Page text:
Martin ‘Zippo’ Burton is the producer of the hugely successful Cirque Berserk! – a show that is bringing spectacular circus routines to theatres. We caught up with him during the show’s run at the Peacock Theatre in London, but it is on tour and may be coming to a theatre near you soon.
Along the way we found out which act always leaves audiences amazed, what the circus scene is like in the UK, and where the stage name ‘Zippo’ came from.
Hi Martin. How are you today?
Great, thank you. It’s been a busy day. Cirque Berserk! is going very well and I’ve been talking about it on the radio and so on.
It’s currently playing at the Peacock Theatre. How’s the run going?
Very well, and we’re delighted with the response from the public.
Who would you say is the target audience?
The show was designed for an older circus audience, in other words from late teens and early twenties onwards, although people are bringing younger children. I wouldn’t recommend bringing children under five, because it’s quite brash and noisy; but children over five are coming and the matinees are selling out. So the people decide, and they’ve decided it’s still a circus despite my pretensions to make it a berserkus! They’re enjoying it for what it is, which is a very, very thrilling circus.
It’s a good opportunity to see a circus – they must be rarer than they once were?
There are more circuses today in Britain than there ever have been. Most of them very small, but there are more people interested in circus than there ever were. I founded a circus school twenty-five years ago. At that time there was one other circus school in Britain. There are now five or six in London alone. There are two circus schools in every major city, and one in every town. This is a good thing. It does for circus what little girls going to ballet class does for ballet. Although many who try it never become great artists themselves, they start to appreciate the skill, understand the language and have a lifelong interest in circus.
Circus skills can be truly incredible to witness. Are there any routines in Cirque Berserk! that have really had audiences spellbound?
The headline act is always the motorcycles in the globe of terror. That’s four motorcycles going round and round, and upside-down, at 60mph in a small steel globe that is three and a half metres in diameter, and they barely manage not to crash into each other every night. That’s the one that captures everybody’s imagination! We have an emphasis in Berserk! on thrilling acts, so we have a knife-thrower who never stabs the lady he’s throwing knives at – but comes very close – and that’s real hand over mouth stuff. There are other acts, and the whole thing is tied together by a clown who’s not really a clown at all, but a comic acrobat in a Buster Keaton tradition, rather than a red nose tradition. There is no red nose in Berserk!
You have the name ‘Zippo’. Can you tell us where that comes from?
I started as a clown forty years ago this year. I am the person who ran away to the circus – much to my mother’s disappointment! I was Zippo the clown, not with the circus but with a clown company for about ten years before I founded a circus.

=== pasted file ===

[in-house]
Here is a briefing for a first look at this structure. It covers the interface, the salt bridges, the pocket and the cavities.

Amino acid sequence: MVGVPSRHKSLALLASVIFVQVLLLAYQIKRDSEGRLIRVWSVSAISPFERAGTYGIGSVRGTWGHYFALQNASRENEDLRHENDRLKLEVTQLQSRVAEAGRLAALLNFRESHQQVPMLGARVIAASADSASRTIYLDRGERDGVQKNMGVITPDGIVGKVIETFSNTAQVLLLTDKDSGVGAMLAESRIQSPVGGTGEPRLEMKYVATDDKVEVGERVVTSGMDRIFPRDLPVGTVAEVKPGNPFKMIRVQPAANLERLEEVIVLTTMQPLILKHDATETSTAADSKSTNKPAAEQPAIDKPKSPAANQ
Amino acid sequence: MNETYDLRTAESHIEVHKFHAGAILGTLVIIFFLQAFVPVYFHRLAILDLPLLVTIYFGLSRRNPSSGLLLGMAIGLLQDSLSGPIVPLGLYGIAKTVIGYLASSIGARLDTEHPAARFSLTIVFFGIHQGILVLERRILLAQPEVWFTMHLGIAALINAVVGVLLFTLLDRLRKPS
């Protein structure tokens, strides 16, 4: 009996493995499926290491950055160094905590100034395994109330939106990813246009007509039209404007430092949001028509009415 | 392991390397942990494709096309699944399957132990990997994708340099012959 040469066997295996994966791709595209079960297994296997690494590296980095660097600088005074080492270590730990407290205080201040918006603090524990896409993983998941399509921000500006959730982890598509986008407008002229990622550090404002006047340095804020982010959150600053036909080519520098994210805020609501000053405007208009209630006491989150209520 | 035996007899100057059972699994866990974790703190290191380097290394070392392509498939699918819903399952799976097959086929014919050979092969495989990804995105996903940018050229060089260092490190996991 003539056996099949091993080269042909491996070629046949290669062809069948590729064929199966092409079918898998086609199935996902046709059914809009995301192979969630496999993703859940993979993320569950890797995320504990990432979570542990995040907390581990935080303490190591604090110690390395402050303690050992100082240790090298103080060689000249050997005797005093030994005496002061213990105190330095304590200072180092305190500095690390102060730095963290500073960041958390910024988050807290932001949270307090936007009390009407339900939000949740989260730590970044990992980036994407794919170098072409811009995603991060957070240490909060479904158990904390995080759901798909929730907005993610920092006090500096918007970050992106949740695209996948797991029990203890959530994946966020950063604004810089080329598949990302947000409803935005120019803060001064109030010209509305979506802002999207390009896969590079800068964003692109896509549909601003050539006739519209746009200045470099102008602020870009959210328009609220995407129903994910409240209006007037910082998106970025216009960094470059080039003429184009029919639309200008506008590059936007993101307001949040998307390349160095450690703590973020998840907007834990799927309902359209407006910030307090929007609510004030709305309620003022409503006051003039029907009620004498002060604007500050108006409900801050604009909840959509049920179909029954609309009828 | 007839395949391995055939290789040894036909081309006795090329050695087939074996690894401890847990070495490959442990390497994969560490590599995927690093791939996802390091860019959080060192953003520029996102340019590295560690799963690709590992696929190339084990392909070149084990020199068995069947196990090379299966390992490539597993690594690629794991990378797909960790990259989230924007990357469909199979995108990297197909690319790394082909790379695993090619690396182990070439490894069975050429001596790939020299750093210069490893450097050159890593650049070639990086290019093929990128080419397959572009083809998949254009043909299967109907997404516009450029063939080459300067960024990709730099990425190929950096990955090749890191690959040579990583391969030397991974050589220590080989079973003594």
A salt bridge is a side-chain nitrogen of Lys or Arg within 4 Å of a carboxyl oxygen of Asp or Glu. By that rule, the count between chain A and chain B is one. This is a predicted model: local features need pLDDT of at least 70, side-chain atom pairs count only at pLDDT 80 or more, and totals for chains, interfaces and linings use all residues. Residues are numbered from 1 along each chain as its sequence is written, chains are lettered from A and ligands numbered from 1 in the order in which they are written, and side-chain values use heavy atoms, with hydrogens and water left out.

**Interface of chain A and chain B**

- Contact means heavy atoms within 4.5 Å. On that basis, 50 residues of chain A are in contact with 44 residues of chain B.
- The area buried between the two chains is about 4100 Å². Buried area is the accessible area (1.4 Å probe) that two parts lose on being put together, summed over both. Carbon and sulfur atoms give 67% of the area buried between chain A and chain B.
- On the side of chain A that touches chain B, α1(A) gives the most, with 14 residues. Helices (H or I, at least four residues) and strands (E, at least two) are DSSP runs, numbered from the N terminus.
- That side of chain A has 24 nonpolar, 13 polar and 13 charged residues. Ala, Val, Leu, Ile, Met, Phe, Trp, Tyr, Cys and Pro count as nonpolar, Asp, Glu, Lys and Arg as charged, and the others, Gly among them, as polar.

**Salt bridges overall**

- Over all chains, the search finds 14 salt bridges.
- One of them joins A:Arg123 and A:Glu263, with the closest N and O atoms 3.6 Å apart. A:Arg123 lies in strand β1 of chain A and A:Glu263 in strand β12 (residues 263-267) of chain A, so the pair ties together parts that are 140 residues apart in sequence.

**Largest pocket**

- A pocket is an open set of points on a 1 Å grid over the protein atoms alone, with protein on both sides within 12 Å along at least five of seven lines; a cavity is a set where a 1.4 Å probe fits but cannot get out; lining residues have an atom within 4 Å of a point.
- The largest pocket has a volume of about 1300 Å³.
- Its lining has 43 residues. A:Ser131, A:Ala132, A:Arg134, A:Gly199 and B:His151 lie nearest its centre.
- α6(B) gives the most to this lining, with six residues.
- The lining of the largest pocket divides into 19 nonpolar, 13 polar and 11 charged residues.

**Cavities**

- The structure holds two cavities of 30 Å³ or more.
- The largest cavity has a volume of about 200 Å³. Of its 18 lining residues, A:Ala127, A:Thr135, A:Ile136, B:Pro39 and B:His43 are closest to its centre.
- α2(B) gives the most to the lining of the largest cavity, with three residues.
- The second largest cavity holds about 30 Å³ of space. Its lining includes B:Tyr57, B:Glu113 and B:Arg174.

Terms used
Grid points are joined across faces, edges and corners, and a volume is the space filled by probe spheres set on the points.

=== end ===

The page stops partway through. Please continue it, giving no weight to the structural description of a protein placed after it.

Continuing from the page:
Was that disappointment ever overcome?
Secretly she was extremely proud of everything we achieved with the circus – but she never let me know that. But that’s mothers for you!
Tell us about the rest of the tour. You’re on the road for a while after the run at the Peacock Theatre.
Yes, we go from London to Norwich, Southampton, Manchester and up to Edinburgh, which will take us to Easter. We have four days off, and then we open a new production in the tent and we travel the highways, byways and green fields of Britain, which is what we normally do. Going into theatres was an experiment and a departure.
Is this your first venture into theatre?
Well, when I was a clown I appeared mostly in theatres rather than circuses. We’ve played with Berserk! in different formats for the last two years in theatres – but it’s this year that we’ve really gone for it in theatres. We’ve consolidated everything we’ve learned.
Would you say the show is any different in a theatre compared to a more traditional tent?
The proscenium arch speeds up the show. In a circus show, there’s a gap between the ring curtains and the centre of the circus of about ten metres – so you have to walk across that at the start of every act. In a theatre – you step out of the wings and you’re on! If we had the same amount of acts for Berserk! in a tent, it would be a two and a half hour show, whereas in theatres we run without an interval for less than two hours. Thirty minutes of tightening happens just because of the proscenium arch.
With the success of this tour, have you started making plans for future shows or tours?
I’m certain that we’ll tour Berserk! in England again. Everywhere we’ve been to this year has asked us back. We’ve already been offered contracts in Belgium and Holland as well as Germany: but the problem with international touring is that we have a cast from amazingly diverse countries from Mongolia to South America to Europe… The whole visa problem is a total nightmare! But once we get over all that, then yes, we’re good to go!
Well we wish you all the best with this tour, and for the future ones too – thanks very much for talking to us.
Cirque Berserk!, which Martin Burton has produced, plays at the Peacock Theatre in London until 24th February. Check out www.cirqueberserk.co.uk for full details of the tour, and to book to catch the show at a theatre near you.